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[386] head of his armies, directing their movements he, too, called upon the commander of the Third corps, on whose strength he had so often leaned in the hour of peril, and his last command was ‘Tell A. P. Hill he must come up.’

In personal appearance General Hill was about five feet ten inches high, slightly but perfectly formed, and looked every inch a soldier born to command. His features were regular and his face attractive but not handsome. His every posture and movement was full of grace, and in any dress, however remote from camps, his military bearing and martial step would betray the soldier by birth and by training. He was a splendid horseman and was always well mounted. He was simple in his taste and dressed plainly but neatly, preferring the ease and comfort of his fatigue jacket to his general's uniform with its stars and its wreath. He cared little for the pride and pomp of war, and commonly went attended by a single staff-officer or courier. As has been so well said by another: ‘In all his career he never advanced a claim or maintained a rivalry. The soul of honor and of generosity, he was ever engaged in representing the merits of others.’ Of all the Confederate leaders he was the most genial and lovable in his disposition.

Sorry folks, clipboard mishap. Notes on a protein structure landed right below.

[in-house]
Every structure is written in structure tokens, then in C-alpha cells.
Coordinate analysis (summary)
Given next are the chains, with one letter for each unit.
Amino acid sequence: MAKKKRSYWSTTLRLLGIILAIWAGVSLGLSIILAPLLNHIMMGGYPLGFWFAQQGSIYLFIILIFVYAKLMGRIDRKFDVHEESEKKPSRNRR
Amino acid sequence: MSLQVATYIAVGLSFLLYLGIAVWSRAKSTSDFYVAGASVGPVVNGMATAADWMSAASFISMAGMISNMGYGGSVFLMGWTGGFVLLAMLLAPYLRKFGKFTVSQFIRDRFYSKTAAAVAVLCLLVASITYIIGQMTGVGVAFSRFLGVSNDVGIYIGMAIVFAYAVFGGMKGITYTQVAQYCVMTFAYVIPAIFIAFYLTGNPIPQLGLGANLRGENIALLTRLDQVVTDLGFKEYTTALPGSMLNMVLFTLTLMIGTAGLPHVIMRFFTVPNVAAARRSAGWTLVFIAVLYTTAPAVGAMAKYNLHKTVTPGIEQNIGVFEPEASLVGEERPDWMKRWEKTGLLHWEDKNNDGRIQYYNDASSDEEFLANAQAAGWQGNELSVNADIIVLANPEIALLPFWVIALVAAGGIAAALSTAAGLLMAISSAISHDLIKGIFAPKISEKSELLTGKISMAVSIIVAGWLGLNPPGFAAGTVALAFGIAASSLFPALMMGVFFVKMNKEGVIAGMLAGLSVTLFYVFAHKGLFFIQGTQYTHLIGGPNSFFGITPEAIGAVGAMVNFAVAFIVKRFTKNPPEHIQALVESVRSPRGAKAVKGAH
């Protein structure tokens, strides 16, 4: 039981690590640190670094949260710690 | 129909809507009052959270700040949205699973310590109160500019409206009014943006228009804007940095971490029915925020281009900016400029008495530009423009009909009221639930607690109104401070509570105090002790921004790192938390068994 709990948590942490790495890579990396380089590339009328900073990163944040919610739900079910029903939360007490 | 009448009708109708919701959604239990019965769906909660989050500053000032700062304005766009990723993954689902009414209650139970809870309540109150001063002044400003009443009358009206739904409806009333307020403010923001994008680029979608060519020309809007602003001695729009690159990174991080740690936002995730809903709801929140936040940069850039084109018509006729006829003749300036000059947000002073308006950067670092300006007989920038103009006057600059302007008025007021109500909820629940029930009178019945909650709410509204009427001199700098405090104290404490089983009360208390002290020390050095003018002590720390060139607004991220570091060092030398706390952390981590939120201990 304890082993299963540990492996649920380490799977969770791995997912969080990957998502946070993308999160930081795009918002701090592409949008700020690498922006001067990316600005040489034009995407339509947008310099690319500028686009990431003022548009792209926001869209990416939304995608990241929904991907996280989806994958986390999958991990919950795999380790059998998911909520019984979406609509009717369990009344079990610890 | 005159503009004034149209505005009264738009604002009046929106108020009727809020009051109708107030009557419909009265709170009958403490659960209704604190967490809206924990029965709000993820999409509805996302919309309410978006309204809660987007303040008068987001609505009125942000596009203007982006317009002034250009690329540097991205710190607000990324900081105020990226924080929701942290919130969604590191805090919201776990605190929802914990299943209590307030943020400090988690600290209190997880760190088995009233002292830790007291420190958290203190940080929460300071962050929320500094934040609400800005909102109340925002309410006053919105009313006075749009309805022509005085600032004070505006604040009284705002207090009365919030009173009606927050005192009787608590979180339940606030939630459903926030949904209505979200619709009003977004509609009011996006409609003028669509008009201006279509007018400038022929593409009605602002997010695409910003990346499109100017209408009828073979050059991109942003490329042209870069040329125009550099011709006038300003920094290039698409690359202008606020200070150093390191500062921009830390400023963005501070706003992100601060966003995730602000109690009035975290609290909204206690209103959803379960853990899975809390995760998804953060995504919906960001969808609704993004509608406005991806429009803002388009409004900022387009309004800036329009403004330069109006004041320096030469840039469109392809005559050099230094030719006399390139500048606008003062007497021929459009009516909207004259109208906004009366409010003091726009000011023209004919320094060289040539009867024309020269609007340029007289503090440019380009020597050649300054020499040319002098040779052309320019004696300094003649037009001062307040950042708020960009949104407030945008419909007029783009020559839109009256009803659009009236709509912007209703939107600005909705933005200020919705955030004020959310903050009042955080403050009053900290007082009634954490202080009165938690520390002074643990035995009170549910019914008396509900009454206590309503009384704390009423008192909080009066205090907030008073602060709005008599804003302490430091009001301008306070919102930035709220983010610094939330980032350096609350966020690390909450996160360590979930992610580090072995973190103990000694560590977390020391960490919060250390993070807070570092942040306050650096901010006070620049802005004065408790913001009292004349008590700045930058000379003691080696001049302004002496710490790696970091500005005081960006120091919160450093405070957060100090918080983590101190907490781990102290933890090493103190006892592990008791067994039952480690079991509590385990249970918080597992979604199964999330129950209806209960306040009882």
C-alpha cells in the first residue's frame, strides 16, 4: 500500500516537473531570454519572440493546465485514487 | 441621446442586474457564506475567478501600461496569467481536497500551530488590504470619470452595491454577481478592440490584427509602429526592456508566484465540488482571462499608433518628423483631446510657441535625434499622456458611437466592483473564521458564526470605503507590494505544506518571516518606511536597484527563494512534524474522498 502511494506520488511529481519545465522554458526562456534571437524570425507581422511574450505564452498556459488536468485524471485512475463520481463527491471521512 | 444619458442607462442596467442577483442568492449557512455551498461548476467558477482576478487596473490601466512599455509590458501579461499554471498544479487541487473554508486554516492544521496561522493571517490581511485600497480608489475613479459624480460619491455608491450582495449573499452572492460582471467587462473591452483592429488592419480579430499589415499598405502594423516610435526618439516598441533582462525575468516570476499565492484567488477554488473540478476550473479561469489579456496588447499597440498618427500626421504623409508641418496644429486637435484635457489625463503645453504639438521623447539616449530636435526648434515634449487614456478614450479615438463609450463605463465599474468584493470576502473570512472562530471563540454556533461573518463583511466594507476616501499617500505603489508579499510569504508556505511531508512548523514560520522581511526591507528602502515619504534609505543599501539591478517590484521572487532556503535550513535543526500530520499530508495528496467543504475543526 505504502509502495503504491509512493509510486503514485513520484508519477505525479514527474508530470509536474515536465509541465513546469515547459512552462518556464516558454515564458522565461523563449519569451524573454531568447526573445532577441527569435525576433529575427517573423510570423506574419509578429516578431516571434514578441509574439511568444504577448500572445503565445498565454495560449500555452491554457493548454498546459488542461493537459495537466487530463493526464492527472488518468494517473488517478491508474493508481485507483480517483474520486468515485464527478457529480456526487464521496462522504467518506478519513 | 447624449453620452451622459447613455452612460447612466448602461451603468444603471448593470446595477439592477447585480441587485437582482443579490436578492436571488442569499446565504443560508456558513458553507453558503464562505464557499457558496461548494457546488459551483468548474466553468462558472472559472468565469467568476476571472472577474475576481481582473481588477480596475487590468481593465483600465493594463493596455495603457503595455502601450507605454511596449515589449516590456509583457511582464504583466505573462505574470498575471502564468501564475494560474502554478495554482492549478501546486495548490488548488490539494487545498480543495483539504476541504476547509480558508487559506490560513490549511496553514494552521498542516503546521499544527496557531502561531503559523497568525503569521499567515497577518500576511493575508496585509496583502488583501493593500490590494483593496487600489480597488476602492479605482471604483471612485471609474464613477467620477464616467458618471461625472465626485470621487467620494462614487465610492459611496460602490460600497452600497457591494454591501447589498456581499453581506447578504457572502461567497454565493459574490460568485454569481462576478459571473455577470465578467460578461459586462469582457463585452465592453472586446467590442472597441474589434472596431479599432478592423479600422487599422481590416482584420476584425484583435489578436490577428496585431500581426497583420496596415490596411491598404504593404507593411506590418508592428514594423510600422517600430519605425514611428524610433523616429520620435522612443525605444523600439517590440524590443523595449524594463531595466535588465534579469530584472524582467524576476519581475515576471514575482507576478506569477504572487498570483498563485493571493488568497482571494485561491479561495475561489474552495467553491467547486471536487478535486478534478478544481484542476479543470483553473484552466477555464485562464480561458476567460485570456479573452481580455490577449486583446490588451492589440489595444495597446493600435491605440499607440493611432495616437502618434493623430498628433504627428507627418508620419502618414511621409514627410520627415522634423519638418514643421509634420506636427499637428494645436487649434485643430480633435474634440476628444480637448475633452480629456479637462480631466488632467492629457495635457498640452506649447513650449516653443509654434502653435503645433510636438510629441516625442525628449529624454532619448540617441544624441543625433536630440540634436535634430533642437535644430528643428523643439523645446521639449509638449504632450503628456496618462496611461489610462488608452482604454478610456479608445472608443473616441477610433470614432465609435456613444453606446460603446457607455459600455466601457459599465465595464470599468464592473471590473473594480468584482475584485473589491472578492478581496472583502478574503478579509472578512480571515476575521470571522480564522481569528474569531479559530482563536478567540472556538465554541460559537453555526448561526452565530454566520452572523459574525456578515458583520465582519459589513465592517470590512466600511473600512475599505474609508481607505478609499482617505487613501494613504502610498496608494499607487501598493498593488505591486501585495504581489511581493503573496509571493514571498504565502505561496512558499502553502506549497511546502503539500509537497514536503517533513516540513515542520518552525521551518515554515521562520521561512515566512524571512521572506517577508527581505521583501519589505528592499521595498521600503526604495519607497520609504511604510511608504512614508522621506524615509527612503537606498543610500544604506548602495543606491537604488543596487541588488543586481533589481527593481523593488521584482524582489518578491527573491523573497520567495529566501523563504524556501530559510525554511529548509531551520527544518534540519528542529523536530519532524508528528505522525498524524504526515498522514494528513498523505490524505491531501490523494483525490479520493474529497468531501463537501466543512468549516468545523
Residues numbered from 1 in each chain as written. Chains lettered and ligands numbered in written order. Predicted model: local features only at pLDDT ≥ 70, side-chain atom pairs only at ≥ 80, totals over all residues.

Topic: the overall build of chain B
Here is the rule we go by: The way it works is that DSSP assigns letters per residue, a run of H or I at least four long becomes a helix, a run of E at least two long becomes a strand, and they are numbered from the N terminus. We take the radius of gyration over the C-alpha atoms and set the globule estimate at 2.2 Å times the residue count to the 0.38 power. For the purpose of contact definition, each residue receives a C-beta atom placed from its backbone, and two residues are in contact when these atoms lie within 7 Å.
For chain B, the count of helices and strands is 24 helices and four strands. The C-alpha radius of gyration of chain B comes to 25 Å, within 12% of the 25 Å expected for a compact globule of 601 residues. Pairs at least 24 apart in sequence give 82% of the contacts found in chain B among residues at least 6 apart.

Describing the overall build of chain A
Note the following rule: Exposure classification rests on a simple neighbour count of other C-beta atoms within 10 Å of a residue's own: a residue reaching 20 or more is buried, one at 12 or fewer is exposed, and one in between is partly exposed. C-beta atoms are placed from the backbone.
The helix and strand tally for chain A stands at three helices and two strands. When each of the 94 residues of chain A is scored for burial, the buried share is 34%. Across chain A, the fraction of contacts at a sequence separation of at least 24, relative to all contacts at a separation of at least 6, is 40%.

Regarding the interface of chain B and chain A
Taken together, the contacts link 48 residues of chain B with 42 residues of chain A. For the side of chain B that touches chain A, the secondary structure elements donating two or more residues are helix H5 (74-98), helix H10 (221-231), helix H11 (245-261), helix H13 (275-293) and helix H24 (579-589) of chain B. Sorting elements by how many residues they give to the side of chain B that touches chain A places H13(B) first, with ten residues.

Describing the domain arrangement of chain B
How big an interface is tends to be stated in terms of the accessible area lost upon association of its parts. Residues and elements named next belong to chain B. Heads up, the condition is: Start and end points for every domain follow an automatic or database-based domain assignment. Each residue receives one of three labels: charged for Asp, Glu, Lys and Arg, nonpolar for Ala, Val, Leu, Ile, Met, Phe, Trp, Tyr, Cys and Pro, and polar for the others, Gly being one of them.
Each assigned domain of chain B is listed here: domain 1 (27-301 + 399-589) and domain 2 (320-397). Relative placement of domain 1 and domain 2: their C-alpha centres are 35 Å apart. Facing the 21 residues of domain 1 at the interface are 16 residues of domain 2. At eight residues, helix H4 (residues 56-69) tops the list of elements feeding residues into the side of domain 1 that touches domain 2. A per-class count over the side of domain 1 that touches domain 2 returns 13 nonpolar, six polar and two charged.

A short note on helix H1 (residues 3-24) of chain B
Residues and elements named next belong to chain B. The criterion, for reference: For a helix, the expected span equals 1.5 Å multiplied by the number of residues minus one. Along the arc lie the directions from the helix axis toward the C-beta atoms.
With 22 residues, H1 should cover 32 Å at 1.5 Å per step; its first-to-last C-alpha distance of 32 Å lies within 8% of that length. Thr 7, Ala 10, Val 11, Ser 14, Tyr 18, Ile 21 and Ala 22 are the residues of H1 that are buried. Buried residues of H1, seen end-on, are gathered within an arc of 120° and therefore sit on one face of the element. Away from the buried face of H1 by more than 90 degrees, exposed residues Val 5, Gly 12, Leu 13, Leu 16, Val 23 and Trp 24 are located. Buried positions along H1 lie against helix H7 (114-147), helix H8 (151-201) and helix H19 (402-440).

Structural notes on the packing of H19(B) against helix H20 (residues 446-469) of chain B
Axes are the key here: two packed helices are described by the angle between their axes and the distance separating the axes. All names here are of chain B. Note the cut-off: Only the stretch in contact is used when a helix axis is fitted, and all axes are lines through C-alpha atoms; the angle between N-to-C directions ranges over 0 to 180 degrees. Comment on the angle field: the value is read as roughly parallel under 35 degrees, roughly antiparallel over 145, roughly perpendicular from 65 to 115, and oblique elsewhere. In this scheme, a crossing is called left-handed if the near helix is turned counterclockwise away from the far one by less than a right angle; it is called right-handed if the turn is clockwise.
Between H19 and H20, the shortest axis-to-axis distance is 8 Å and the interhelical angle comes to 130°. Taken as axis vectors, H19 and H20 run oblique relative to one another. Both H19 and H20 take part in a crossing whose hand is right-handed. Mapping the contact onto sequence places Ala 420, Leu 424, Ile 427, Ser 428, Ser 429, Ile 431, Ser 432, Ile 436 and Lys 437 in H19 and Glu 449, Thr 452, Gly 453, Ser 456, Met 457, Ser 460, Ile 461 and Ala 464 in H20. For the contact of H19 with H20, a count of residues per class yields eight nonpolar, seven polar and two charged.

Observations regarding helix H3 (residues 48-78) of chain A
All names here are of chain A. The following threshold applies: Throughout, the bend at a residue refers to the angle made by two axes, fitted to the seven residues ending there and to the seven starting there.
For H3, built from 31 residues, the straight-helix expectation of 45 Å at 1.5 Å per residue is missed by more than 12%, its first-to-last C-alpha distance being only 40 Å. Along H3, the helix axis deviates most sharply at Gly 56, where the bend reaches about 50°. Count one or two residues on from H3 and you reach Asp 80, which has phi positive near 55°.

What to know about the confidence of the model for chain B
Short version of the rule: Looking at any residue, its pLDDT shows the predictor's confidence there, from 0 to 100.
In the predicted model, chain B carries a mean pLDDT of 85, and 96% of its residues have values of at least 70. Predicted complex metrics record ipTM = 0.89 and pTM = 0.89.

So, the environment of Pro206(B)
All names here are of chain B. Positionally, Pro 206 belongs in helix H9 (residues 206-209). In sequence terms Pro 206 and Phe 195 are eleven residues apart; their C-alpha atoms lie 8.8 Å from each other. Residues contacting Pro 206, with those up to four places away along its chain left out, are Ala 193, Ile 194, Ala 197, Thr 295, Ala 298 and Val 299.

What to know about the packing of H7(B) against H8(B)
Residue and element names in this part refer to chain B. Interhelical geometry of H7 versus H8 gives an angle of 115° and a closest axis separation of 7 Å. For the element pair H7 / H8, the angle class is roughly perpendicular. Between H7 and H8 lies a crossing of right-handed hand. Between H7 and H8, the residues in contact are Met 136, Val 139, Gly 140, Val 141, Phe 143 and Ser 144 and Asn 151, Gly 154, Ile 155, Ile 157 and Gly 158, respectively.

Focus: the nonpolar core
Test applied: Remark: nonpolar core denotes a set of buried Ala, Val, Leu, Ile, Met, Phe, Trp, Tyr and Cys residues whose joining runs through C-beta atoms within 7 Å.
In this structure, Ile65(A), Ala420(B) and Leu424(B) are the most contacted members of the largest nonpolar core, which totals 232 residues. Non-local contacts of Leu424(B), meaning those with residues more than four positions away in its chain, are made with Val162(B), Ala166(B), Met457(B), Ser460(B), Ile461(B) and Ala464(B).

And now our task is done, but the memories of the past cluster thick around us, and we could linger on this spot for hours talking with comrades.

Of this warrior tried and true,
     Who bore the flag of a nation's trust,
And fell in a cause, though lost; still just;
     And died for me and you.

Loved comrade, brilliant soldier, chivalrous spirit, true-hearted friend, accomplished gentleman, ardent patriot—Ambrose Powell Hill, we dedicate this monument to thy memory as a feeble token of the love of old comrades and a faint expression of the admiration of the Southern people, for whom you fought and died so bravely.

We hail thee as a hero! worthy of a monument in this historic city by the side of thy great commanders, Lee and Jackson; and fit companion for him who was ‘first in war, first in peace, and first in the hearts of his countrymen.’

Greater honors than this has no man received, and none greater can any man aspire to.

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